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STanBy Dr Stan Steindl, Clinical Psychologist
I’ve always been bemused by the apparent derogatory term “do-gooder”. I wondered to myself, “Isn’t doing good a good thing?” I mean, doing good is reflected in the Golden Rule, is it not? Treat others the way we would want to be treated by them.
This concept, broadly described as “compassion”, is in every religious tradition, and every philosophical, moral and ethical doctrine since ancient times.
So, of course, I shook my head sadly when I came across Andrew Bolt’s recent article in the Herald Sun, in which he declared “Border is no place for compassion.” Sigh.
Charles Darwin said in Decent of Man, “communities, which included the greatest number of the most sympathetic members, would flourish best, and rear the greatest number of offspring.” He actually said nothing about survival of the fittest, that was said by a fellow called Herbert Spencer. Darwin’s assertion could actually be translated as survival of the kindest.
Humans are at their best when they are kind, cooperative and compassionate. Now, this does not mean boundless compassion. Compassion is not the same as simply “being nice” or “giving in” or “letting people off the hook”. But we also know that reprimand, humiliation, punishment, and imprisonment more often have costly effects, especially in the contexts of social, cultural or racial differences. Resentment deepens, divides widen, intentions worsen and people start to take sides.
Compassion is often defined as a feeling and an action. Professor Paul Gilbert, from the Compassionate Mind Foundation in the UK, defines compassion as “…an awareness and sensitivity to the suffering of others, with a motivation and commitment to try and alleviate it.”
And compassion has many benefits. Professor James Doty from Stanford University’s Center for Compassion and Altruism Research and Education (CCARE) in the US, has found in the research that “compassion results in lower blood pressure…increases in the immune function…decreases in stress…compassion is what it’s going to be that saves our species.”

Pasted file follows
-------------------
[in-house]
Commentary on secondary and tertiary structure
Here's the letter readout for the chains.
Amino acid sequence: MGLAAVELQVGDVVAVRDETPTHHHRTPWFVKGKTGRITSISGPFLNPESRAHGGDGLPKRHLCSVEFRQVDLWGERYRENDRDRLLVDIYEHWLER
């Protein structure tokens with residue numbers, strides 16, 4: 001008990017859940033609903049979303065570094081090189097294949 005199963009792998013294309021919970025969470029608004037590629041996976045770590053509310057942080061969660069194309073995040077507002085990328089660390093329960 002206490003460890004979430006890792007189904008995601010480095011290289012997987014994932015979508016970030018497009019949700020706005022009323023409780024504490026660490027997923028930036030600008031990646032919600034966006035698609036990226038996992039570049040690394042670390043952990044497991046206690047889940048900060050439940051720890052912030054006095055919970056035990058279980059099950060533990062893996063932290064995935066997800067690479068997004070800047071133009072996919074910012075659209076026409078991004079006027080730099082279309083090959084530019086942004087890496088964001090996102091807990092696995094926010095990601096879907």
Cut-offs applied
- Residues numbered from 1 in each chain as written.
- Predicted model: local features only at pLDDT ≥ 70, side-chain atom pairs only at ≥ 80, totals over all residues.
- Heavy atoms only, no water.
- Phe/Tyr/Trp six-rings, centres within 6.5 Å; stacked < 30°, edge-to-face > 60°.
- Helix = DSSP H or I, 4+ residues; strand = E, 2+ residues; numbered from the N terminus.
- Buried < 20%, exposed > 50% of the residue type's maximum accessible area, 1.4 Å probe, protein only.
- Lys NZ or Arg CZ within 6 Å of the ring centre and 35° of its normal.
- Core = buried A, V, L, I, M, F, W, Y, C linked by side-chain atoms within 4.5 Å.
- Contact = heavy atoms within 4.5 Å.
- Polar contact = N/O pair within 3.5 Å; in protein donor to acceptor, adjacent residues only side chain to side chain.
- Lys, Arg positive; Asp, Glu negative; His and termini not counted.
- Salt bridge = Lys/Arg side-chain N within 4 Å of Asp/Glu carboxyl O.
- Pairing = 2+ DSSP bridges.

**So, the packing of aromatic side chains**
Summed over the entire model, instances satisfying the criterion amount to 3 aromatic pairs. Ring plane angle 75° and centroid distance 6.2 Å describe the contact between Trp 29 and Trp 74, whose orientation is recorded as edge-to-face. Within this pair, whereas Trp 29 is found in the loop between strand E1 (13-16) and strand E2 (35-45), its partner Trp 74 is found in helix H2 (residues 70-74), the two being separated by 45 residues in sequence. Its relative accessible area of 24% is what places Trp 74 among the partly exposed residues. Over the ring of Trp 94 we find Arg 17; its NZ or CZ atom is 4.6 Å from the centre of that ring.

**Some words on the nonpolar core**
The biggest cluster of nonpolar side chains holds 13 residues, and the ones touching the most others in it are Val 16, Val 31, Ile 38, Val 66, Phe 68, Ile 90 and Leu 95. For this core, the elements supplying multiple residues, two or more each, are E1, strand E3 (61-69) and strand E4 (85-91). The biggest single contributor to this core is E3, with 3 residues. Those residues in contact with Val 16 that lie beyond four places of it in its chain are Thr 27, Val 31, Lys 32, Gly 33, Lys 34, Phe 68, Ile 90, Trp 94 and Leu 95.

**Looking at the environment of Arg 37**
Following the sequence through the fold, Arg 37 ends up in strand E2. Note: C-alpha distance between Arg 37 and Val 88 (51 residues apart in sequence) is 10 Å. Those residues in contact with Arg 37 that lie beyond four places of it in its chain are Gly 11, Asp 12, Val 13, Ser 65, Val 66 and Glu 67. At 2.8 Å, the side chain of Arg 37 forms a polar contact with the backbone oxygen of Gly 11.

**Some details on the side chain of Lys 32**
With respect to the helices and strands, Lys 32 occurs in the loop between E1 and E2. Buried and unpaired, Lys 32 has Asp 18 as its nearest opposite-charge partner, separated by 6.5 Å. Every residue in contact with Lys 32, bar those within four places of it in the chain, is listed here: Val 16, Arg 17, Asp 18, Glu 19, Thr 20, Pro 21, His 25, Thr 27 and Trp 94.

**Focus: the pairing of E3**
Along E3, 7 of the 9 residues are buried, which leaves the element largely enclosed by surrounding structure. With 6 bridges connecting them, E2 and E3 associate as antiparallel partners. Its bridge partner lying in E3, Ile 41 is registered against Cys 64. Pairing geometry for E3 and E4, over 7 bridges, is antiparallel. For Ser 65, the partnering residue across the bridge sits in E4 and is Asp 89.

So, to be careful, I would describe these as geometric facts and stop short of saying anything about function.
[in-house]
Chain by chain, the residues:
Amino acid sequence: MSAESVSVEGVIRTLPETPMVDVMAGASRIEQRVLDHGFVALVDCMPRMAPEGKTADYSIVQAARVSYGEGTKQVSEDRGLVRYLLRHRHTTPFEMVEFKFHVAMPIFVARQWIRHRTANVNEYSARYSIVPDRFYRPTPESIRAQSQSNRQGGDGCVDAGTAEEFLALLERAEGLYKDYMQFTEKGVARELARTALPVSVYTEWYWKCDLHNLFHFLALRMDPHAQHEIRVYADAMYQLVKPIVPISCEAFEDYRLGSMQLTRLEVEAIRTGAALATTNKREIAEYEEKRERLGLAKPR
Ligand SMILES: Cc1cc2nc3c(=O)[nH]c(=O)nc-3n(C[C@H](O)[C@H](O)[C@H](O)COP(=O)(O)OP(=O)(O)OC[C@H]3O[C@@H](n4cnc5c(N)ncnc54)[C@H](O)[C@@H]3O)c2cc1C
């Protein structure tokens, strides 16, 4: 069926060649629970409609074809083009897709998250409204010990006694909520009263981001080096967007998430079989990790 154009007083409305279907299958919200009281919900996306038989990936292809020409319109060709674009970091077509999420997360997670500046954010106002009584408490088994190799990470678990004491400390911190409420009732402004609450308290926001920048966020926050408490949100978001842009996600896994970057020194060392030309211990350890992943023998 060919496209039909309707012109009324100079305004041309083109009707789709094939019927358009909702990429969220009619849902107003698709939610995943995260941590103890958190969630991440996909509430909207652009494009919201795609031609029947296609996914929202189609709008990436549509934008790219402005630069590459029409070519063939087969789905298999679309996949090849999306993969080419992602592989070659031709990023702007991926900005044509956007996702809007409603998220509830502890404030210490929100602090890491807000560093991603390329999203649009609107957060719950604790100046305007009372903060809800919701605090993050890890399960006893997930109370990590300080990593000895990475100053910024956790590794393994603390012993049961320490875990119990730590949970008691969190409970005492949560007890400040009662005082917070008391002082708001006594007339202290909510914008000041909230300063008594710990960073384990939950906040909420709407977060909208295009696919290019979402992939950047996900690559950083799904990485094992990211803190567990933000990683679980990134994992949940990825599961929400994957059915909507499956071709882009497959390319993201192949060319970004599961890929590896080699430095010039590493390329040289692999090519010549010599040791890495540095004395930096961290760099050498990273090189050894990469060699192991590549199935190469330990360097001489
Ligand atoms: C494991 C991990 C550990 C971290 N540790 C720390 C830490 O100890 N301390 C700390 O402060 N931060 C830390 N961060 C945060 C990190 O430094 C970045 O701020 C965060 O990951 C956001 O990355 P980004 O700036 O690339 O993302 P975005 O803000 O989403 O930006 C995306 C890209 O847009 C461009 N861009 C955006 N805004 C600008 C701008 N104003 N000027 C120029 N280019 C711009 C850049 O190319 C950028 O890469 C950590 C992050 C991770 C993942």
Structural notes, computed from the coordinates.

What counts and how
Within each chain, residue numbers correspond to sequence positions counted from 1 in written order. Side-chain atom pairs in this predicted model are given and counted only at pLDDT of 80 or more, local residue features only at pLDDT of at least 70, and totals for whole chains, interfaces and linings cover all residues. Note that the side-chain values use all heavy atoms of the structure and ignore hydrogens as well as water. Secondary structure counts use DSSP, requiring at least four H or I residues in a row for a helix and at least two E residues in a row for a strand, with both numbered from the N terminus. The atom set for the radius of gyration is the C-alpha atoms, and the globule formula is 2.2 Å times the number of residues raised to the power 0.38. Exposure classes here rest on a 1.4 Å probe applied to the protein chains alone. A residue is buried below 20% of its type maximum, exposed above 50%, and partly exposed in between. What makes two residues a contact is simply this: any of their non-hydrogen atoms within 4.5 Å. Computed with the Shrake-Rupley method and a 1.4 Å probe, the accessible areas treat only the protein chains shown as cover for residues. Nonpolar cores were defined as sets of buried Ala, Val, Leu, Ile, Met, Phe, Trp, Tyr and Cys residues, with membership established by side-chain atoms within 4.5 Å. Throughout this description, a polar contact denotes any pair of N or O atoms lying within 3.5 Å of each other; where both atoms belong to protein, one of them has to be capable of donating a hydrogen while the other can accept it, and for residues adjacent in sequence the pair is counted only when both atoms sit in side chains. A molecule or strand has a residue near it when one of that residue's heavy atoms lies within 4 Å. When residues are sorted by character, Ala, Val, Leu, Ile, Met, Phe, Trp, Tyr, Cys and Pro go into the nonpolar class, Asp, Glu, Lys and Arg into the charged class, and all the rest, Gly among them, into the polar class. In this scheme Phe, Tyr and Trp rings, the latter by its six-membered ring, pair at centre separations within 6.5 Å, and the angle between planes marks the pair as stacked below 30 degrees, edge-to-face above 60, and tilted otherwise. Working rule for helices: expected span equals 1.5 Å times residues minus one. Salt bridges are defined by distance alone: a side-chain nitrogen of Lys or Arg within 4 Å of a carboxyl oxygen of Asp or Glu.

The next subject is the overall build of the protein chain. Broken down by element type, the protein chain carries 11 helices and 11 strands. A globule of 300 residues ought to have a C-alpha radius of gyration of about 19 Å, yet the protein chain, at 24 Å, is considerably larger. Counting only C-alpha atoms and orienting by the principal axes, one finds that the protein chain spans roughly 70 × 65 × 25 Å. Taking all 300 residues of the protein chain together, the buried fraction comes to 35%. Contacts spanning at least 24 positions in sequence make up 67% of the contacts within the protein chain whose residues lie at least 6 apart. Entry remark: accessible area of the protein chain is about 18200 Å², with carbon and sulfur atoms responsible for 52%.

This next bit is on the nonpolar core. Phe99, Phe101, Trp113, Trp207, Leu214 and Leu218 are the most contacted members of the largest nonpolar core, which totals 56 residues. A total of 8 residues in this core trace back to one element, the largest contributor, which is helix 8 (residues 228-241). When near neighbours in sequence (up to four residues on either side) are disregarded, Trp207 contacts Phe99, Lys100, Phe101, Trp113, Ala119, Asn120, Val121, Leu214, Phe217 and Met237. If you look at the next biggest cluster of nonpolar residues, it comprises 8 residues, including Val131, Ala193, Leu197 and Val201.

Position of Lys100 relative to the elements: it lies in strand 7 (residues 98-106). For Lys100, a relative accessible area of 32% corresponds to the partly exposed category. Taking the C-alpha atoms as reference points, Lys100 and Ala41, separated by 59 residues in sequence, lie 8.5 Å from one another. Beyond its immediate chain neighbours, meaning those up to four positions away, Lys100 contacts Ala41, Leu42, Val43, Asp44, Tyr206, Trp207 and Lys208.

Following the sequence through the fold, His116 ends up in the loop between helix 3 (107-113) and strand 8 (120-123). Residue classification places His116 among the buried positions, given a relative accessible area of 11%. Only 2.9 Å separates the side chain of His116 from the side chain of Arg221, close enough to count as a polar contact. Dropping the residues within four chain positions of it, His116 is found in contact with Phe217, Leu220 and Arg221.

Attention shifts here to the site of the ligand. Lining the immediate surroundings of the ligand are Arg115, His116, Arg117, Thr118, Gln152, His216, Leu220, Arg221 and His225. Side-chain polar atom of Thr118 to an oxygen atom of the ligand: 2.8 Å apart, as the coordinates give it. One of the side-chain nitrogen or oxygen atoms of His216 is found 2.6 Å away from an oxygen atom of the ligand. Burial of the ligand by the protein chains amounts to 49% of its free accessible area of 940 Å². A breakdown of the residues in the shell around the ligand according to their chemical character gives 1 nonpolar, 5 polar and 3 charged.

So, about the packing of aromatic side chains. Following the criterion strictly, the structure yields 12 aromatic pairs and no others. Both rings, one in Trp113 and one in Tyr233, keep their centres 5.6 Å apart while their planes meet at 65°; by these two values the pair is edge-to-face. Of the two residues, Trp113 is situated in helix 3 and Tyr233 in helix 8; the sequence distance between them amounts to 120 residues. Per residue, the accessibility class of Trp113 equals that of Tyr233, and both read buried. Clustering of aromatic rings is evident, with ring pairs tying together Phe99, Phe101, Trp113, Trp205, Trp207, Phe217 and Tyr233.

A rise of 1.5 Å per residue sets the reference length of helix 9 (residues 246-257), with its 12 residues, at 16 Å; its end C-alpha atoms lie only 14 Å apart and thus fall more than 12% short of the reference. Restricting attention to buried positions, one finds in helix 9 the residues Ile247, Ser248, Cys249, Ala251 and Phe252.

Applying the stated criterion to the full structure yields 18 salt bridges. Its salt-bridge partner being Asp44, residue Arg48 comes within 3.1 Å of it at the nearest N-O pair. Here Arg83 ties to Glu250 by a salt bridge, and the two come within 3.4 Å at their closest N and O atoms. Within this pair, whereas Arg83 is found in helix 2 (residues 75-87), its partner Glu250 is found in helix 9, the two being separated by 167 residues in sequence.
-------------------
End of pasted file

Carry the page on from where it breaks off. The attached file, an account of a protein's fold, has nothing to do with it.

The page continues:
Compassion is good for the receiver and the giver, leading to improvements in the well-being of all.
Mr Bolt’s threat system is activated. He is afraid, and his fight/flight response comes through in his writing. And that’s perfectly ok. We all experience shock and fear in response to the horrors that are happening around the world. These are very difficult times, and the people he is talking about in his article are very different from him and are perceived as a very dangerous threat.
There is no doubt that when we are feeling threatened, compassion is difficult to practice. People worry that compassion will make them weak, or they will be taken advantage of, or they will be harmed in some way. But compassion is strong. It is wise. It is considered. It is kind. It is collaborative. It is encompassing. It is for the benefit of all parties.
Compassion is exactly what we need at our borders. In fact, compassion is what we need at all borders: borders between one person and the next, one family and the next, one community and the next, and one nation and the next. At the borders, compassion promotes peace.
Chris Hadfield is the astronaut well-known for singing Space Oddity from the International Space Station. He also had many insights while in space. Not least he said that looking down from above at our beautiful blue planet, “…you recognise the unanimity of our existence. The commonality.”
When we widen our gaze it is very clear that there is no “us and them”, there is only “us”. And we need to find a way to make compassion work so that we can all look after us. It will take time to shift in the direction of compassion, especially for governments who have so many competing responsibilities. But it seems to me that it is imperative that we do shift into an age of compassion.
Everything depends on it.

Comments (1)

  1. Louise Author June 1, 2015

    Thank you Stan. A reminder of the power of compassion at a moment in my life when I really need the reminder.


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